Yesterday Neutral Source explained why inflation forecasting is like risk assessment. In a very important way, of course, they are very different.
The Bureau of Labor Statistics is the federal agency responsible for estimating inflation. They collect vast amounts of data and devote extraordinary resources to complex modeling. The BLS website has a treasure trove of information about how it’s done. Read the FAQ sheet on the CPI to learn more.
As a matter of policy, BLS tries to estimate inflation objectively — that is, without under- or overstating it. They develop different indices for different purposes, and these estimates can differ by quite a lot. But they do not base their estimates on “reasonable” upper bounds. In contrast, much risk assessment is designed to yield so-called precautionary estimates of risk — that is, estimates that are almost certainly greater than the true (but unknown) level of risk.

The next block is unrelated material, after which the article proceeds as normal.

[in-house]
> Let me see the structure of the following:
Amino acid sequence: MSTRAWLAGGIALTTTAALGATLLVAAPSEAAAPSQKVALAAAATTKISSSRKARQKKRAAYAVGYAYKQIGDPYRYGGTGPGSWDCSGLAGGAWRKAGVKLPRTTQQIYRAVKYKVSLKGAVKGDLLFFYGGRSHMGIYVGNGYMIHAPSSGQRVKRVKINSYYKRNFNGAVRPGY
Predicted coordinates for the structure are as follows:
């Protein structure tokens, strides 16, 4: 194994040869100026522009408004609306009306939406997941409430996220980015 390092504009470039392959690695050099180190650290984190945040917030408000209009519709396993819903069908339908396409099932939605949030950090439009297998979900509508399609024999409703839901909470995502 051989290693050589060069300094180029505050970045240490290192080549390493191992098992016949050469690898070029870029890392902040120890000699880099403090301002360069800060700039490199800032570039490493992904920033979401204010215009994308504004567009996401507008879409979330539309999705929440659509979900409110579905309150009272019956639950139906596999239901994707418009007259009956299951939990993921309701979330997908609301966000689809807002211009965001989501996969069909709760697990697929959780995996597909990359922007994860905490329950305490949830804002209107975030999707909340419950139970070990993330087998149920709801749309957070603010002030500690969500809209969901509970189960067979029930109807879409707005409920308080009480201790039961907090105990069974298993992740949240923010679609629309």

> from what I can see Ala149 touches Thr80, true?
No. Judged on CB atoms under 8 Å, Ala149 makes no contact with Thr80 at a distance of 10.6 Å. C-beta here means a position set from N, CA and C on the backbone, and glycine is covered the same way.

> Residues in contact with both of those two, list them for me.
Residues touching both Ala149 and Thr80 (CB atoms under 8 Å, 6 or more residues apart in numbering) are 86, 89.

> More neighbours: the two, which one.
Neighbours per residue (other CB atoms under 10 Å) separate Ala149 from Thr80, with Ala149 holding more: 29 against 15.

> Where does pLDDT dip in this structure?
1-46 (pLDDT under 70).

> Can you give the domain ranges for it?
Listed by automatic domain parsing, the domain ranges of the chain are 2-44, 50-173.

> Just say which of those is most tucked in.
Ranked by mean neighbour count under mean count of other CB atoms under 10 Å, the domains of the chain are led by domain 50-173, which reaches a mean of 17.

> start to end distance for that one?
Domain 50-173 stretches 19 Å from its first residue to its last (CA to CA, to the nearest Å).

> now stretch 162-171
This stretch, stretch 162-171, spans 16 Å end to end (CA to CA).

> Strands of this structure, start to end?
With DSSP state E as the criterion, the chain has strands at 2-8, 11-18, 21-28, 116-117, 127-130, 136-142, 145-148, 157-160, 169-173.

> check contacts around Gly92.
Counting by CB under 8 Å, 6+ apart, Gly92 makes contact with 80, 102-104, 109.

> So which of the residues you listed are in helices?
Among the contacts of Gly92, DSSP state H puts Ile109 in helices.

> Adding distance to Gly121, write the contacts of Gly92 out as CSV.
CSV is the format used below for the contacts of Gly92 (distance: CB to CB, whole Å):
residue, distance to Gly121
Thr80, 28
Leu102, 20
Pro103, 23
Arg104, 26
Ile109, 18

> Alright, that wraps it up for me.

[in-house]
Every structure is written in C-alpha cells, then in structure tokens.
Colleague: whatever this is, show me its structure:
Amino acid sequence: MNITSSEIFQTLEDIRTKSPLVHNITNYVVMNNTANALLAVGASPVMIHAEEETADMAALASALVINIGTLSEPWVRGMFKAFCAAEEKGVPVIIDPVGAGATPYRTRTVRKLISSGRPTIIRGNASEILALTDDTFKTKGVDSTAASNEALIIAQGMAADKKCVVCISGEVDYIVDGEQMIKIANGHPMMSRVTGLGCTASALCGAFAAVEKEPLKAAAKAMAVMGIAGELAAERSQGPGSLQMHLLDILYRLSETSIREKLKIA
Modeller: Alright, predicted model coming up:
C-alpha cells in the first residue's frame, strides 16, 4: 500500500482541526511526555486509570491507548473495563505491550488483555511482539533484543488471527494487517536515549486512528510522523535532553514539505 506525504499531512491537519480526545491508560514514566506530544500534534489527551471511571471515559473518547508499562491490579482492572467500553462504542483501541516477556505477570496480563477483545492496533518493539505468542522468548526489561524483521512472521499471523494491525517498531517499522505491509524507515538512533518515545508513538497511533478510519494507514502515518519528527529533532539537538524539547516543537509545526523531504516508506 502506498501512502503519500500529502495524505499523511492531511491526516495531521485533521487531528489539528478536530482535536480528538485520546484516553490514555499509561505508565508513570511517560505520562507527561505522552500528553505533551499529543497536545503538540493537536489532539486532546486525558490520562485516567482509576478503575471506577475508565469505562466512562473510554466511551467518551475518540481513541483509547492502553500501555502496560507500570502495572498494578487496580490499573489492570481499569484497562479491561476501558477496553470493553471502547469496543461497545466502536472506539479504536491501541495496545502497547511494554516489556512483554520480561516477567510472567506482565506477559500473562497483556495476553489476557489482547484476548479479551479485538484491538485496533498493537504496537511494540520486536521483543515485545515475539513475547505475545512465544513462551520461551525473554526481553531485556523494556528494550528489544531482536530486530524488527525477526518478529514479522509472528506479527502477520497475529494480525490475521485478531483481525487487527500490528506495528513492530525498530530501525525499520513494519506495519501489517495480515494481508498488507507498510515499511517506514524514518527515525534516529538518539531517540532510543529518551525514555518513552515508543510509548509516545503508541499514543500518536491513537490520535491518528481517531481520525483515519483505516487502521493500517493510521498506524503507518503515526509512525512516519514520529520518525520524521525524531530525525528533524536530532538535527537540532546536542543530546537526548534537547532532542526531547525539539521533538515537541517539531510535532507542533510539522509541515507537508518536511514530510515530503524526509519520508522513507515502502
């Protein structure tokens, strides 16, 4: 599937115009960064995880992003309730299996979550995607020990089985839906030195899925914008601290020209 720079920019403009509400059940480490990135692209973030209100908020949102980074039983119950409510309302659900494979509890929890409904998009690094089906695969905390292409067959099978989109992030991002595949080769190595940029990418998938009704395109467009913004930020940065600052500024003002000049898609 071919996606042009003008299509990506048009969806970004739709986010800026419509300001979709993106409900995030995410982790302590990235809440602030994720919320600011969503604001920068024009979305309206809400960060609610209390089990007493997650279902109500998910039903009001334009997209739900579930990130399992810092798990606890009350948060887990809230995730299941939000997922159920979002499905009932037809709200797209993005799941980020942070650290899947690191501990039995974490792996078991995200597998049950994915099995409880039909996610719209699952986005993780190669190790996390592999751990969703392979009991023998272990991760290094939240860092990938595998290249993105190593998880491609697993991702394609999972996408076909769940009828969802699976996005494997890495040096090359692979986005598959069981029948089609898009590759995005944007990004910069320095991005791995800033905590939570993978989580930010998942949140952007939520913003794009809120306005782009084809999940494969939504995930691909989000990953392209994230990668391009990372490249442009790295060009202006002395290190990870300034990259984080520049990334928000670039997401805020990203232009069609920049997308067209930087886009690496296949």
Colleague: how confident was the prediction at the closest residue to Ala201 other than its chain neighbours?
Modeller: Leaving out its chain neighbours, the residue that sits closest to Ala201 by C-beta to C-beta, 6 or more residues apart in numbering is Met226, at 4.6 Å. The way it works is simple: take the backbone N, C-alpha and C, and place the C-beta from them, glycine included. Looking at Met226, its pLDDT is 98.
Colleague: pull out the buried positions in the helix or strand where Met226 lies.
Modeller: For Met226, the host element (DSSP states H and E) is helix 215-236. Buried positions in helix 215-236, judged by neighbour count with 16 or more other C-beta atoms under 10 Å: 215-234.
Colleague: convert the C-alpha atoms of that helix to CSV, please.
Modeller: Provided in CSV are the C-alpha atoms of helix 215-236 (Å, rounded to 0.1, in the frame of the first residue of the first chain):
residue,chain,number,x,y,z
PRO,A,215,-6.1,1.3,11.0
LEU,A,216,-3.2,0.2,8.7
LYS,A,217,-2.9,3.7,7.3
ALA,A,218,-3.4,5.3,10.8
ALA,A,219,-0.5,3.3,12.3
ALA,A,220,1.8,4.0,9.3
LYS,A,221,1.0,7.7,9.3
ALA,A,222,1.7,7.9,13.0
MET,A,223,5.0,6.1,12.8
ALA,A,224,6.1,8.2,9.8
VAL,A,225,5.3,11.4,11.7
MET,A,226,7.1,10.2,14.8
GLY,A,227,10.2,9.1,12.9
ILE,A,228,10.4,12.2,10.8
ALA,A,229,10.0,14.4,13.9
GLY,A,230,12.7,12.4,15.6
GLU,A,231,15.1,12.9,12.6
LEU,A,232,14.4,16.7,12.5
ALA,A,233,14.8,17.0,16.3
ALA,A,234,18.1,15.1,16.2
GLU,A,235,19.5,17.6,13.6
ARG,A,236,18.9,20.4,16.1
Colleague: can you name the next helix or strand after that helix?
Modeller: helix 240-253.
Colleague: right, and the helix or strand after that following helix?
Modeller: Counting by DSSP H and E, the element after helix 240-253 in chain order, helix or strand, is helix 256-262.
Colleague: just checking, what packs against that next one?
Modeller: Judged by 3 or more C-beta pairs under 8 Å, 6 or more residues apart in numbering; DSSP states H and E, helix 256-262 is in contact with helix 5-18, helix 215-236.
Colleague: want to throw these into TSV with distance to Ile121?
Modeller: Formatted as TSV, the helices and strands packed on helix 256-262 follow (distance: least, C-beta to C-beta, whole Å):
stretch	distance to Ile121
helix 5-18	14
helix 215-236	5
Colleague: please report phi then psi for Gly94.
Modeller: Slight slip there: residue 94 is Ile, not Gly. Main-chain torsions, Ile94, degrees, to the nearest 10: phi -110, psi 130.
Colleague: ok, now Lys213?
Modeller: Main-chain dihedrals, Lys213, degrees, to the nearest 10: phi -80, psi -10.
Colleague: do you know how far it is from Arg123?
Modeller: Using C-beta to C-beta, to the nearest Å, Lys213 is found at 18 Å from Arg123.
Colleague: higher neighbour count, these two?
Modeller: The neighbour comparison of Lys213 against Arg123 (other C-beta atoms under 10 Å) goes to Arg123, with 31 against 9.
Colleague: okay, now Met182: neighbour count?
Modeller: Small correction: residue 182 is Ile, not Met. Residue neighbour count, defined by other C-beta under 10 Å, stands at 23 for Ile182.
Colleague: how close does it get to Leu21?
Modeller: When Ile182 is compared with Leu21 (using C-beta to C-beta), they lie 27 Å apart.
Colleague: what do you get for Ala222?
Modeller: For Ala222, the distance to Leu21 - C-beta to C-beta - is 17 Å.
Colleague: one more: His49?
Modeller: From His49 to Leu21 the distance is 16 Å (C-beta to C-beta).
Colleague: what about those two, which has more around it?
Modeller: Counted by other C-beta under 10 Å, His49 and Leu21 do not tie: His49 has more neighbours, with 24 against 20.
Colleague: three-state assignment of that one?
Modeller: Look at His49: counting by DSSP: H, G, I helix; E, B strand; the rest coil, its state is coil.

Some might say that risk estimates are more important than inflation estimates because risk estimates provide the basis for health protective regulation. But the CPI also affects people just as surely. For many people, their wages and benefits are tied to the CPI. For that reason, it is essential that the CPI be free from policy-driven bias. The same case can be made for health risk assessment.